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Elon Musk thinks the world needs a new form of transportation. On Monday, the founder of Tesla Motors and private spaceship company SpaceX unveiled his plan for the Hyperloop, a sort of ultra high-speed train-in-a-tube/air hockey table combo, which he estimates could get a traveler from Los Angeles to San Francisco in 35 minutes: twice as fast as an airplane and eight times faster than driving (with no traffic!) — all for just $6 billion (or perhaps a lot more).
Musk describes the Hyperloop as “the right solution for the specific case of high traffic city pairs that are less than about 1500 km or 900 miles apart”. He argues that his idea is cheaper, cleaner, and more efficient than California’s current LA-SF travel solution: the $68 billion high-speed rail project that is supposed to traverse from San Diego to San Francisco by 2029. The problem, says Musk, is that the project will be one of the slowest and most expensive high-speed rail projects ever built.
Lest you think Musk has developed this idea out of thin air (get it?), early 19th century mechanical engineer George Medhurst was a pioneer of pneumatics (propulsion via compressed air). Later in the 1800s, the New York City’s mail system relied on a series of pneumatic tubes — through which some enterprising mail workers sent a live cat to Brooklyn from Manhattan in 1897, which survived with no harm done.
Reactions to the Hyperloop plan varied from the skeptical to the unabashedly enthusiastic. “There was certainly a time when electric cars and private space flight seemed silly, too. But what’s sillier is treating this as anything other than a very rich man’s wild imagination”, writes Sam Biddle. Alexis Madrigal, meanwhile, thinks it’s a awesome, but a completely implausible idea, and threatens to undermine the high-speed rail project that is just starting to get somewhere in California.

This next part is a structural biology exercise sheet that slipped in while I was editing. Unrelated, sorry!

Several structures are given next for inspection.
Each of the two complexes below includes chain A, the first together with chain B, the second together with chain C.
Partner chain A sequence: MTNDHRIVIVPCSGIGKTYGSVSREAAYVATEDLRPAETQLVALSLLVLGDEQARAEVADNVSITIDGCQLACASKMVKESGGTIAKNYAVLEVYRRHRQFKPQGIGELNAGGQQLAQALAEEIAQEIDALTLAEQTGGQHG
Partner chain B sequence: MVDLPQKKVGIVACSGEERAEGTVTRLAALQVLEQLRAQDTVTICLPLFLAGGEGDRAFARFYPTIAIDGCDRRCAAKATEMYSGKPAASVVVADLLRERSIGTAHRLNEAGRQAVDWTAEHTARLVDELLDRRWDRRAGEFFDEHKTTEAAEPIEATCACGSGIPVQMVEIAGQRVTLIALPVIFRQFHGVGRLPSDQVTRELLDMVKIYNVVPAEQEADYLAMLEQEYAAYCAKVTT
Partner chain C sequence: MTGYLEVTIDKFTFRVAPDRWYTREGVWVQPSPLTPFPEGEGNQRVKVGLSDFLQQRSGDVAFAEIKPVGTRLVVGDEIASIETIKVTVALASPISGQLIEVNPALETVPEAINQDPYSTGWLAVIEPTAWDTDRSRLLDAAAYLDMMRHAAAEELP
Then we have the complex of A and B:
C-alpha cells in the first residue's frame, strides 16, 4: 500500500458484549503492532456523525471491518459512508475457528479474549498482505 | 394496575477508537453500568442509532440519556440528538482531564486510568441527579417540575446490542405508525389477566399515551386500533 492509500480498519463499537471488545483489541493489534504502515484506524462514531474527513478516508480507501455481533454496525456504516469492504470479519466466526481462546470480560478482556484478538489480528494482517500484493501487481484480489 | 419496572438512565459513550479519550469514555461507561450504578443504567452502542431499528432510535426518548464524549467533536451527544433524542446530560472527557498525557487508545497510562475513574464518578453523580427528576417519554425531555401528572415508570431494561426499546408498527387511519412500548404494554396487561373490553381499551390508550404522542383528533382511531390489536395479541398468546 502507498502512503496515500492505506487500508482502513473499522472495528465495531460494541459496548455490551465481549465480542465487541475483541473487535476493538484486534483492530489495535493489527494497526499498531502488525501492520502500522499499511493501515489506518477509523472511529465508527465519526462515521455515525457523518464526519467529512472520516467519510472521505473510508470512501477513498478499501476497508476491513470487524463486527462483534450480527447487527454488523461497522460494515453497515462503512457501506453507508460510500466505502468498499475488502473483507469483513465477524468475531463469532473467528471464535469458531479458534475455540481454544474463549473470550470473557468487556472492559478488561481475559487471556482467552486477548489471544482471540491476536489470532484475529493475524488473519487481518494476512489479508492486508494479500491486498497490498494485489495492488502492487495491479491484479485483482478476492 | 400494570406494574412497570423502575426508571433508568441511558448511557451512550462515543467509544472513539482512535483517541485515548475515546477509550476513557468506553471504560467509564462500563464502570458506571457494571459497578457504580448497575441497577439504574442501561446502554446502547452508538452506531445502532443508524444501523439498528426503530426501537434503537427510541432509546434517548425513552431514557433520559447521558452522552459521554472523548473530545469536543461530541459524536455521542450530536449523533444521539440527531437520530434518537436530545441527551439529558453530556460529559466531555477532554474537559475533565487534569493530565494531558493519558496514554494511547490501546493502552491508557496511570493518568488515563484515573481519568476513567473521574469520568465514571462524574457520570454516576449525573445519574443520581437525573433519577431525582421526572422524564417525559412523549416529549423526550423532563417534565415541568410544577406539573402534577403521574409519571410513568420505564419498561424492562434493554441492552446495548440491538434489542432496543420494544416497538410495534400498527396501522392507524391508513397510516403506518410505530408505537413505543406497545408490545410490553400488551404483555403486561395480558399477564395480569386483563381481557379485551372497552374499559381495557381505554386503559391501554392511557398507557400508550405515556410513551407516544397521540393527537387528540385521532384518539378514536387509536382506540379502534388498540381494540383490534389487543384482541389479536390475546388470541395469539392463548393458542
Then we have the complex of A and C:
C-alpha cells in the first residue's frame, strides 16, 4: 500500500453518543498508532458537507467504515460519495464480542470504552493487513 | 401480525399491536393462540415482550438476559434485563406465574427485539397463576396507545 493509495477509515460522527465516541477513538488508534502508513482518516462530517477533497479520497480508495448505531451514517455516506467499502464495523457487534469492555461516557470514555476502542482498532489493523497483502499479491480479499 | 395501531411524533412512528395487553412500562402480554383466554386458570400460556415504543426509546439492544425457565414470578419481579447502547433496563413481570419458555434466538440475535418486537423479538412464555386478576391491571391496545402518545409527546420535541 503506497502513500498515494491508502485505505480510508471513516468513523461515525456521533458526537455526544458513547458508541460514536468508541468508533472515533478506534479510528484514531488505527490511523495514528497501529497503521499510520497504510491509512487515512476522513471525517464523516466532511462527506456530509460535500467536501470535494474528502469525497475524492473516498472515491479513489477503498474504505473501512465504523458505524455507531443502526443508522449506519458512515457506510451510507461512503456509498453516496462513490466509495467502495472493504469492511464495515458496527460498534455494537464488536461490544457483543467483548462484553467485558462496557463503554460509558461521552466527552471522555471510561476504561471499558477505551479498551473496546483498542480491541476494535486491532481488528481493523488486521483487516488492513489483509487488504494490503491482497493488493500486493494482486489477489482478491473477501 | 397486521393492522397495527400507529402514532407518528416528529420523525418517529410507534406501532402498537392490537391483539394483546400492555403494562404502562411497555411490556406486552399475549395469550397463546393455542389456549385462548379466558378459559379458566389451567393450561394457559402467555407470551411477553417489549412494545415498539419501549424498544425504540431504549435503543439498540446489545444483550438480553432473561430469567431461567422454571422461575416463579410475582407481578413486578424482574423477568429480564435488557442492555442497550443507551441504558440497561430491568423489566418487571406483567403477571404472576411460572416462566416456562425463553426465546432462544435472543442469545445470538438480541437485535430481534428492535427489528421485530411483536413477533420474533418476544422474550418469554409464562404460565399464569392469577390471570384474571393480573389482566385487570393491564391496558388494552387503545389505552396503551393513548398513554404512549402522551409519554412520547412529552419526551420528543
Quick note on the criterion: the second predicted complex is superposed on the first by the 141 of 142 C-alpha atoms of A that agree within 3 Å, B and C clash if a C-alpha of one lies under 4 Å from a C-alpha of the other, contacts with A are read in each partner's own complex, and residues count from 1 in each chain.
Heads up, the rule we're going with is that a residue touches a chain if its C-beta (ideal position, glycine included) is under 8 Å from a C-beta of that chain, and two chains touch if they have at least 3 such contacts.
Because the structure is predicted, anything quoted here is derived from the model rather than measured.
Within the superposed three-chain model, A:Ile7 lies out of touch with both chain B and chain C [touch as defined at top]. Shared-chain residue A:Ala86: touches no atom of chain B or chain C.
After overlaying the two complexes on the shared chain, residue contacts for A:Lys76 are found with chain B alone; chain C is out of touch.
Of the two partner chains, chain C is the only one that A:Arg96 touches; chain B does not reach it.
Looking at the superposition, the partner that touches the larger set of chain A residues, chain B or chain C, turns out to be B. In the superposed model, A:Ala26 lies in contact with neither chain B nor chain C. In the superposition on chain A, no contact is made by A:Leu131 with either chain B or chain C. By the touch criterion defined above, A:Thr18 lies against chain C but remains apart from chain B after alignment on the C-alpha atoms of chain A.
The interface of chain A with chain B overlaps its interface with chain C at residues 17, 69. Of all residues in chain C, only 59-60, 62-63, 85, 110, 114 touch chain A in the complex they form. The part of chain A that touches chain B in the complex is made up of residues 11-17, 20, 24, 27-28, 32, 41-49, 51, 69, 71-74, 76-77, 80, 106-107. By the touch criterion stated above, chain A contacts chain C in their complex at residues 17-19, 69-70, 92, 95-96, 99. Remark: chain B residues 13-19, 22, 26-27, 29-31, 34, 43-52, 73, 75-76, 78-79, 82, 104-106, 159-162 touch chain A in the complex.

Henry Blodget, however, thinks building should start immediately: “Most of the initial objections to the plan are lame. They could have been–and no doubt were–said for all major transportation systems”, he writes. In general, as Timothy Lavin noted, “the technology world responded with exuberant enthusiasm, the transportation world by noting the plan’s serial implausibilities”.
While Musk has clearly thought through the project’s logistics (the PDF introducing it is 57 pages long), it’s not much of a real idea, in that he’s already admitted he isn’t devoting much time to it. Kevin Roose sees Musk’s plan as a political manifesto rather than an infrastructure plan.”Musk wants to train normal people to look to private enterprise, not government, for the innovations that will improve their lives, and he wants them to pressure lawmakers to get out of the way of technological progress”.
In many ways, Musk’s idea fits in well with George Packer’s recent characterization of how Silicon Valley views society: “The ideal of a frictionless world, in which technology is a force for progress as well as a source of wealth, leaves out the fact that politics inevitably means clashing interests, with winners and losers.”
But, let’s be honest, it’s really is fun to think about. — Shane Ferro
On to today’s links:
The full text of the complaints against two former JPMorgan employees in the London Whale case – DOJ
The two former JPM employees deliberately tried to hide hundreds of millions of dollars in losses on trades in a portfolio of synthetic credit derivatives, according to the charges – Emily Flitter
If you are going to be under investigation for fraud, you might as well hang out in southern France – Reuters
A who’s who in the London Whale case – David Benoit
Twitter’s first Ponzi scheme operator, Anthony “King of Akron” Davian, charged with fraud – Zerohedge
Previously: The erstwhile hedge fund king of Akron, Ohio’s very difficult summer – Roddy Boyd